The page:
Category Archives: ab3580c4-ea88-4b43-8f46-420c7ba32012

WCF, Arrays and the ExecutionEngineException

This is an anti-recipe for the ExecutionEngineException.  By an anti-recipe, I mean I will demonstrate how to get a certain result that you never want to get, with the expectation that it will help you steer clear of it.

ExecutionEngineException messages are a bit scary. They happen at a pretty low level, first of all, and aren’t easy to debug.  Second, the exception remarks provided on MSDN are:

“Execution engine errors are fatal errors that should never occur. Such errors occur mainly when the execution engine has been corrupted or data is missing.”

I want to point out one scenario which might provoke your code to throw this exception on the principle that forewarned is forearmed.  More importantly, don’t freak out if you run into this – there are some easy workarounds.

When writing a service contract for a WCF web service, you may want to use a IEnumerable<T> as the return type.  Generally this is fine.  If you try to return an array as the underlying type, however, you will get the ExecutionEngineException in .NET 3.5.

This is simply a bug, so you will need to work around it.  You have two choices: either change the signature of your service method or change the underlying type.

If you use the extension method ToList() on your array, everything will work fine.

Alternatively, if you are able to rewrite your service contract, just return the array type rather than trying to use IEnumerable<T>, ICollection<T>, or IList<T>, all of which will cause the same scary exception to be thrown if the underlying type is an array of custom objects (e.g. CustomType[]).

Arrays of simple types (e.g. string[]) do not seem to be a problem.

Arrays of custom objects will generate the exception whether they are the return type on art of the signature of the service method or if they are members of an object returned by the service method. 

I said there are two workarounds, but there are actually three.  This exception seems to only be thrown when you host your service in IIS or Cassini.  If you self-host your service, even using the BasicHttpBinding type, the problem doesn’t show up.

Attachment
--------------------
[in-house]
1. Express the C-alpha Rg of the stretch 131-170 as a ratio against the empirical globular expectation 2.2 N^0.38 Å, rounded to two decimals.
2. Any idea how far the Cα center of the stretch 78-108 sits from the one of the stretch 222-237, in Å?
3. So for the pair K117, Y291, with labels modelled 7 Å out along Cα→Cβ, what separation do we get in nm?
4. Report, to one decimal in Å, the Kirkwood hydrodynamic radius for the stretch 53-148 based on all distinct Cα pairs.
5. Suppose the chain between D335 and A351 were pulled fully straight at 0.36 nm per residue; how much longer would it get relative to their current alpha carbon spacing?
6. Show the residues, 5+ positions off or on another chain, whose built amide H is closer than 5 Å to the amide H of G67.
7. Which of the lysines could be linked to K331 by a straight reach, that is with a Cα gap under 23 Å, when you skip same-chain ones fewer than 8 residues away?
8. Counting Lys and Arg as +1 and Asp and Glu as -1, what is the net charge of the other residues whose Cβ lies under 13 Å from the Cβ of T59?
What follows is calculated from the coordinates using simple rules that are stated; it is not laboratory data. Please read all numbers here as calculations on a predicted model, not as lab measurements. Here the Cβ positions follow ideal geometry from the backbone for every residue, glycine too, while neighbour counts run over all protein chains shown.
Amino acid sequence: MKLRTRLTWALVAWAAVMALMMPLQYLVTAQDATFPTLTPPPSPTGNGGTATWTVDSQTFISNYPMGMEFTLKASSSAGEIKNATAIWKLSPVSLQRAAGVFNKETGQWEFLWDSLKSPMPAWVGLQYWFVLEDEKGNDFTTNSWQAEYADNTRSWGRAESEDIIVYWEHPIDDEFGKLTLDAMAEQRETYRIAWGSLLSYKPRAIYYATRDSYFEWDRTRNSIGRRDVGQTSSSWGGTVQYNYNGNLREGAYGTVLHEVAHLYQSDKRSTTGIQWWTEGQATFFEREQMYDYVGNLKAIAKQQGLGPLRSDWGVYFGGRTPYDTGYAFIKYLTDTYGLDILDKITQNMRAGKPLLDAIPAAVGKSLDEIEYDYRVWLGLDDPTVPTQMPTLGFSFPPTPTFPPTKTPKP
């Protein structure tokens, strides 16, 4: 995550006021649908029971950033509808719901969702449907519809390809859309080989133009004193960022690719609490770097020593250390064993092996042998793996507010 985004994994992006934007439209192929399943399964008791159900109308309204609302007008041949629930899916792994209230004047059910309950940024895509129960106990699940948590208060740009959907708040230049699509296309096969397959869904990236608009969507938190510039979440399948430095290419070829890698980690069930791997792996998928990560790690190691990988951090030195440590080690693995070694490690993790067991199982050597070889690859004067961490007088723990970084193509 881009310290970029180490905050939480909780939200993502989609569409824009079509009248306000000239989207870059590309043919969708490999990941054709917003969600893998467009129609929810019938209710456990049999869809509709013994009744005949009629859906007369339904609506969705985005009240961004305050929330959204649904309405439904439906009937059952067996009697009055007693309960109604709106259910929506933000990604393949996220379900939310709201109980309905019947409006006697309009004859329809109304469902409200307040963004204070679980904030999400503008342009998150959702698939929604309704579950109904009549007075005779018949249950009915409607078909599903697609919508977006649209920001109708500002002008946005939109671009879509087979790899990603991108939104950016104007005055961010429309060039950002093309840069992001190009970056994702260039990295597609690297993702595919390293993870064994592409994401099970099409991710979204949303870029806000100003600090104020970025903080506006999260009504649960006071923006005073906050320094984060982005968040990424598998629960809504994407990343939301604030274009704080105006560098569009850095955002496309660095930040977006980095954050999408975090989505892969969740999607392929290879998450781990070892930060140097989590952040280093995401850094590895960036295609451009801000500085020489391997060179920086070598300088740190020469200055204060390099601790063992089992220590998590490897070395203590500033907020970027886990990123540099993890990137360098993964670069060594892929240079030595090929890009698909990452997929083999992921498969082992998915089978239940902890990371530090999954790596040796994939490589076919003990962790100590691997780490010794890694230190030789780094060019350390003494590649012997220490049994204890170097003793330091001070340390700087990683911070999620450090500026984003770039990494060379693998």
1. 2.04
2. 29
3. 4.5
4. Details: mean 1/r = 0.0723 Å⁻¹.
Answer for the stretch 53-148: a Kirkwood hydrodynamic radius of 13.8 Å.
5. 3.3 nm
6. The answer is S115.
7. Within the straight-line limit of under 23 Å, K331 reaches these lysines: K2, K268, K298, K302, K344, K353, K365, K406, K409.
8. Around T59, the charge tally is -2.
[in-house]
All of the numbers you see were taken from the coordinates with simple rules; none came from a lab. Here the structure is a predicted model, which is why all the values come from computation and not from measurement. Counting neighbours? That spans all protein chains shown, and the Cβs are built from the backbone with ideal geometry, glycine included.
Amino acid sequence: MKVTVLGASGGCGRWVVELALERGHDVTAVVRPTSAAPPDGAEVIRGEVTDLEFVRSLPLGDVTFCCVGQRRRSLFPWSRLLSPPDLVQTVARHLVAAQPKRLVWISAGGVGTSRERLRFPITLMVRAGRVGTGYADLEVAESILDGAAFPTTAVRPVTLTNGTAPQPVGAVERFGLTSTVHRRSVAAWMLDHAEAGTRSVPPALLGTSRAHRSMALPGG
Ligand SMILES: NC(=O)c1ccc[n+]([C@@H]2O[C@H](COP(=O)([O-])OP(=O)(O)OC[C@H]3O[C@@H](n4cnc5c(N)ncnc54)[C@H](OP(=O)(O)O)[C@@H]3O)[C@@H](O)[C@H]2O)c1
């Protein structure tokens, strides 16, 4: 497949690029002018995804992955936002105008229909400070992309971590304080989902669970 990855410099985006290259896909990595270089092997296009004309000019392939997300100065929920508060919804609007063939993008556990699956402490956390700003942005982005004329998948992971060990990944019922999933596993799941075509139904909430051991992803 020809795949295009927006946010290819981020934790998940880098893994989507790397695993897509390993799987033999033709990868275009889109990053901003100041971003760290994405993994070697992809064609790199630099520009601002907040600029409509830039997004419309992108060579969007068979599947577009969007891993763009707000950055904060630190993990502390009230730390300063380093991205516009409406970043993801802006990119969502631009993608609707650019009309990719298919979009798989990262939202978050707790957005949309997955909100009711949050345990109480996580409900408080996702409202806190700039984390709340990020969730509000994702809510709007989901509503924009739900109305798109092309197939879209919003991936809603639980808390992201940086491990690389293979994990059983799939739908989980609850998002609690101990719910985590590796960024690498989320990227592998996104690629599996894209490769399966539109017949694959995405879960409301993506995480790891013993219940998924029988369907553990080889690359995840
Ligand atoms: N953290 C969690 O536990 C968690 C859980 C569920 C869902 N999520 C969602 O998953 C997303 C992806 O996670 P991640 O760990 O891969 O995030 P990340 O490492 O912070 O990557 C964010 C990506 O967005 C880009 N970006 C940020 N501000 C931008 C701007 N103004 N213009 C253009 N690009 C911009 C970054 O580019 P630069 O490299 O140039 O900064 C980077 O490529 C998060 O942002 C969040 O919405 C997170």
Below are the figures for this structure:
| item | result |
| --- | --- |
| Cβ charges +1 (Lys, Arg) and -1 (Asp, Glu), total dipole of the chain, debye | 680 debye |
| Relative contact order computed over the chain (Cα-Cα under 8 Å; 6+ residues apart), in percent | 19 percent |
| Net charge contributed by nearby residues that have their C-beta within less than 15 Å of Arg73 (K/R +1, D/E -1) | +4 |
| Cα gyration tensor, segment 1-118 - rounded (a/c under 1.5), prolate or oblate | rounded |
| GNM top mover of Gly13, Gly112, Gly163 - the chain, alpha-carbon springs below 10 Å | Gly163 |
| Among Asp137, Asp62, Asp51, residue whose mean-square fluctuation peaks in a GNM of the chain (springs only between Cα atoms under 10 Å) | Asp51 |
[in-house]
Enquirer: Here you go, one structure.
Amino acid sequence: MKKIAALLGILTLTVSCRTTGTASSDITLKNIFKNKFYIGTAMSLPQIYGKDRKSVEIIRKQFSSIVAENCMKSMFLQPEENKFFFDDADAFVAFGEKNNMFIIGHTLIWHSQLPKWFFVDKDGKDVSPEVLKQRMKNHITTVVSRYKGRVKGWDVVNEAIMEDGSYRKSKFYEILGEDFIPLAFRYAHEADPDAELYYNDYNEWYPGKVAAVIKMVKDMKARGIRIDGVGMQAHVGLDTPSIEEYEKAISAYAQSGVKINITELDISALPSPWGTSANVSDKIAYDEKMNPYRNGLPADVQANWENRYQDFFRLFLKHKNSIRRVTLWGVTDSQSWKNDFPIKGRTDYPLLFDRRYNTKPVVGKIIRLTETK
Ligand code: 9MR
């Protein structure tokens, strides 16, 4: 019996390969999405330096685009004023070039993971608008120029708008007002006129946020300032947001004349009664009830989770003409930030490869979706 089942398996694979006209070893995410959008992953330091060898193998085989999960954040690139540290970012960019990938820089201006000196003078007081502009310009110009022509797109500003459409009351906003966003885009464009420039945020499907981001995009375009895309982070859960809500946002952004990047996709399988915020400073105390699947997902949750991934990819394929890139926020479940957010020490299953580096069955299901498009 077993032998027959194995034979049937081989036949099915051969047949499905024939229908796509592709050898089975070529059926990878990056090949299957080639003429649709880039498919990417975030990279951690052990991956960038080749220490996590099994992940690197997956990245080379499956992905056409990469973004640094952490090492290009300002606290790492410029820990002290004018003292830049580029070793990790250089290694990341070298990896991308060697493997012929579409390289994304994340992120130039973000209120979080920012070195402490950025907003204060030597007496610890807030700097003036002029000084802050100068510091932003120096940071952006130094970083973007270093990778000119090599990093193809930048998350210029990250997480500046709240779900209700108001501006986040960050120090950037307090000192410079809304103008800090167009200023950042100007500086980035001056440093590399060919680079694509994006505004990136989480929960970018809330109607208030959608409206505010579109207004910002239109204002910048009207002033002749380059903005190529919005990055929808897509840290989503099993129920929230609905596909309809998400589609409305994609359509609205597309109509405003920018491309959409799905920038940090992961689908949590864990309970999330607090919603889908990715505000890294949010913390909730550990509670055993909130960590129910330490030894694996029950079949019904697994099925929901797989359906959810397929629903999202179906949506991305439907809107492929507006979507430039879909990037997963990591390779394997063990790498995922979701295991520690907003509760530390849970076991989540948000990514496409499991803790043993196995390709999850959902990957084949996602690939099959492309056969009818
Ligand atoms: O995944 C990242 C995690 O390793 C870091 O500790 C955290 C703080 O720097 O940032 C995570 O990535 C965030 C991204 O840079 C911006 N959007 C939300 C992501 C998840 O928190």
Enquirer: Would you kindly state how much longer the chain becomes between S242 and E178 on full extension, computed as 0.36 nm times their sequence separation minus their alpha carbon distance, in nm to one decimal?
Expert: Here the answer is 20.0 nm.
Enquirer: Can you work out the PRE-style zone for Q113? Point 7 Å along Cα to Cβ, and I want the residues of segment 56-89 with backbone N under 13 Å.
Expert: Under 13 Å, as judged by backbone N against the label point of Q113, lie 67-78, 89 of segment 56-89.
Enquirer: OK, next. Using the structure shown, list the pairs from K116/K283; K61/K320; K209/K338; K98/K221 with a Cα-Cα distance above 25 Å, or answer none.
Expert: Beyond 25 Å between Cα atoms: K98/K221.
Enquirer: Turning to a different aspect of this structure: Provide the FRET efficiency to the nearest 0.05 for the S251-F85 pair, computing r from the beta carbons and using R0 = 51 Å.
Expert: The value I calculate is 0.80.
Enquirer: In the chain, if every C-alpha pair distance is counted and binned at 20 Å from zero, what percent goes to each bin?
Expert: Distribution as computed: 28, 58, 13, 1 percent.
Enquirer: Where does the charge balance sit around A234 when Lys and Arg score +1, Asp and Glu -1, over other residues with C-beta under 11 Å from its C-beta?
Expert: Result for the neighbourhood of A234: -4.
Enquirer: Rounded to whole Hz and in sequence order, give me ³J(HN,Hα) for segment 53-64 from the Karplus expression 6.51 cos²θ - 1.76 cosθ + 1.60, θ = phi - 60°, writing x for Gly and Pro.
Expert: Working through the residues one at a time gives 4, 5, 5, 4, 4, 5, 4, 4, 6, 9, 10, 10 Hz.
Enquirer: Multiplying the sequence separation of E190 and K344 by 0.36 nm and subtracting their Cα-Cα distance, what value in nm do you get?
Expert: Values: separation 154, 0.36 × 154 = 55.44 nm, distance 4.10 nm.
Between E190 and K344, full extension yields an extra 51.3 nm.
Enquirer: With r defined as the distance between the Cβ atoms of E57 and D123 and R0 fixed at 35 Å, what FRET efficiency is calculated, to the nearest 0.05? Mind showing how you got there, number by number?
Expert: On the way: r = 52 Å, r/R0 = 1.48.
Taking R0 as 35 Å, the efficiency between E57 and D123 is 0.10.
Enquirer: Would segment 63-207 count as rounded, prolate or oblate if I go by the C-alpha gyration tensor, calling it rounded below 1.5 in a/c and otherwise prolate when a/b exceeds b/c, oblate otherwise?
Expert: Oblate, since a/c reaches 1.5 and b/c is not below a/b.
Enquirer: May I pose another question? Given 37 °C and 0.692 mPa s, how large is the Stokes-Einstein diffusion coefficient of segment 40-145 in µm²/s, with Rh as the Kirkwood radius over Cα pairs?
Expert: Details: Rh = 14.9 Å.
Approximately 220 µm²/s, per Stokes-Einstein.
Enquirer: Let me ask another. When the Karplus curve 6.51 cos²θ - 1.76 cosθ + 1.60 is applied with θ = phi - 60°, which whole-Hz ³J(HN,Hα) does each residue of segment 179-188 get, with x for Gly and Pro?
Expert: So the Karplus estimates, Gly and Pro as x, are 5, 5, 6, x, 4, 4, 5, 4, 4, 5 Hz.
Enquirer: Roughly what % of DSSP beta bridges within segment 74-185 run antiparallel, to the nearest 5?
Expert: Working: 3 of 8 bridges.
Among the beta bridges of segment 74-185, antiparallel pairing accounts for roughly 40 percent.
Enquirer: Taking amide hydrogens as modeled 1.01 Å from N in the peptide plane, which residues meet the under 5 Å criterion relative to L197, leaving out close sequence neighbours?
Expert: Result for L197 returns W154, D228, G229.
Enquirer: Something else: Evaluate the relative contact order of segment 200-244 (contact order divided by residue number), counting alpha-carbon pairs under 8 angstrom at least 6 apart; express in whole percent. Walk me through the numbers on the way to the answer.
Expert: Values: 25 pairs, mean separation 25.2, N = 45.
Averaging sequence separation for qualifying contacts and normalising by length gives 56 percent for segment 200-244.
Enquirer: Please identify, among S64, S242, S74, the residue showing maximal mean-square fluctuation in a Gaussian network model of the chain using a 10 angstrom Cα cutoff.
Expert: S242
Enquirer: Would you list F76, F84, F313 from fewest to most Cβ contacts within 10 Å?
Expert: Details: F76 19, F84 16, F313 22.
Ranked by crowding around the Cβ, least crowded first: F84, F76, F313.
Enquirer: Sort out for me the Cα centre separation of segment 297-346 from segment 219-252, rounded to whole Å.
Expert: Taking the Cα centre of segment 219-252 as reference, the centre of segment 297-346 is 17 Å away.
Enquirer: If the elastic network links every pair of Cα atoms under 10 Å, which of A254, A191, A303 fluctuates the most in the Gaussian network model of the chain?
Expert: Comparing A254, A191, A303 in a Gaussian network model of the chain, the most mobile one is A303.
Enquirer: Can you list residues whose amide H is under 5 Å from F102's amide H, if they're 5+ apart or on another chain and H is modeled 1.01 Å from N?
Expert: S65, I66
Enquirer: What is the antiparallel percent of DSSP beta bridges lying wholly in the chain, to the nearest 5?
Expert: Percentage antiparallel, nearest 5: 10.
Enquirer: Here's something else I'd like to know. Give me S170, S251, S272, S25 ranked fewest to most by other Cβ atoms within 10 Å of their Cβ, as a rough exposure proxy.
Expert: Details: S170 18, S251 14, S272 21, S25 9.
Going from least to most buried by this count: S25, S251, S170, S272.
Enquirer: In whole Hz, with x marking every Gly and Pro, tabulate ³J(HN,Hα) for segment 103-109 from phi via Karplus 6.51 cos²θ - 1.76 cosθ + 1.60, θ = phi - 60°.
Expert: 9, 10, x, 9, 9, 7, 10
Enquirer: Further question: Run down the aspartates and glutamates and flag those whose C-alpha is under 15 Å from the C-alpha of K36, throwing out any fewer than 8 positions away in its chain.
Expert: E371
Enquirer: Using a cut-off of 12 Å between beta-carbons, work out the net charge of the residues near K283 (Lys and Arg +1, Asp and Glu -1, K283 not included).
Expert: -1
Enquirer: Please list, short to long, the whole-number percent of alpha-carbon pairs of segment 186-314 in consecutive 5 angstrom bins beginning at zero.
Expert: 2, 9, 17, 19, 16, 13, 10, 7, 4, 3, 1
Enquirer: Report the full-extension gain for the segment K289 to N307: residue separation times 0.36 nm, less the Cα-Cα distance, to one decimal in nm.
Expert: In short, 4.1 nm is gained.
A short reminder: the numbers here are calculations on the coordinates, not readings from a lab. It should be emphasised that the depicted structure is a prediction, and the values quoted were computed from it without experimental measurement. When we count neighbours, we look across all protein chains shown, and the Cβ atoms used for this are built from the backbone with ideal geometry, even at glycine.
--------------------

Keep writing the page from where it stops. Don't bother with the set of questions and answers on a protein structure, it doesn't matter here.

To reiterate, the problem occurs when a web service contract specifies an IEnumerable<T>, ICollection<T> or IList<T> as the return type and the underlying type returned is actually an array of custom objects.

This has been noted as a bug by Microsoft (https://connect.microsoft.com/wcf/feedback/ViewFeedback.aspx?FeedbackID=433569).  It also appears to be fixed in .NET 4.0.  I have ported my troubled code to VS 2010 Beta 1, and the code works fine.

I don’t think this problem is actually encountered that often for two reasons.  First, we typically don’t use raw arrays that often.  Instead we use generic Lists or even ArrayLists which, even if they are a bit fatter than simple arrays, are awfully convenient.  Second, while it is considered to be a best practice to always return least derived types in methods and properties – in practice this seems to be the exception rather than the rule.

Finally, it doesn’t appear to be a problem with the DataContractSerializer as some have suggested elsewhere.  I can serialize my data contracts just fine when I use the DataContractSerializer on its own.  The problem only seems to happen for me when I try to expose these contracts through a WCF service.  Also, if it were a DataContractSerializer problem, changing to self-hosting shouldn’t help.

Reporting Services and WCF

Ingredients: Visual Studio 2008, SSRS 2008, AdventureWorks2008

While stand alone *.rdlc reports allow one to use data objects as a data source, it would be convenient to be able to do the same thing using published reports.  The XML data source indirectly makes this possible by accepting a path to an *.asmx web service as a valid “connection string” value. 

There seems to be some confusion over whether this can be done with WCF Services as well.  The short answer is yes, as long as the WCF service endpoint appears as a typical web service.  In other words, it must use basicHttpBinding as its binding type.  On the client side, consequently, the reporting services data source must use integrated security (Windows Authentication) for its credential type. 

Given these strictures, if you already have web services exposed for your data, it should take little to no effort to consuming those WCF services from a report.  I will walk through some simple examples on how to do this.  Ultimately the complications are derived not from structuring the WCF service methods themselves, but rather in figuring out how to use the Query syntax that comes with reporting services – which basically serves as a declarative style for generating SOAP service calls.  This problem, it should be pointed out, is not peculiar to WCF services, but was already a road block in figuring out how to make reporting services talk to *.asmx web services.

In working through the details of making reporting services consume a WCF Service, I was greatly aided by two sources.  The first is Jesse Ezell’s blog which beautifully summarizes the steps required, although he makes the task seem rather harder than it actually is and almost convinced me to abandon the effort early on.  The second is an MSDN article written by Jonathan Heide that deals with the query syntax for using reporting services with XML data sources.  I highly recommend both.

The following walkthrough will introduce five services and five reports, each progressively more complicated.  All examples are included in the download linked at the top.

1. A Simple Service

The simplest meaningful service for reporting returns data without taking any parameters.  For this example, we will not implement our own message contract, although the next example will demonstrate some advantages to doing so.

The service method in this example returns an enumeration of Employee types.  Below is the Employee Data Contract and the Interface definition for the service method:

namespace MyReportingService
{
    [DataContract]
    public class Employee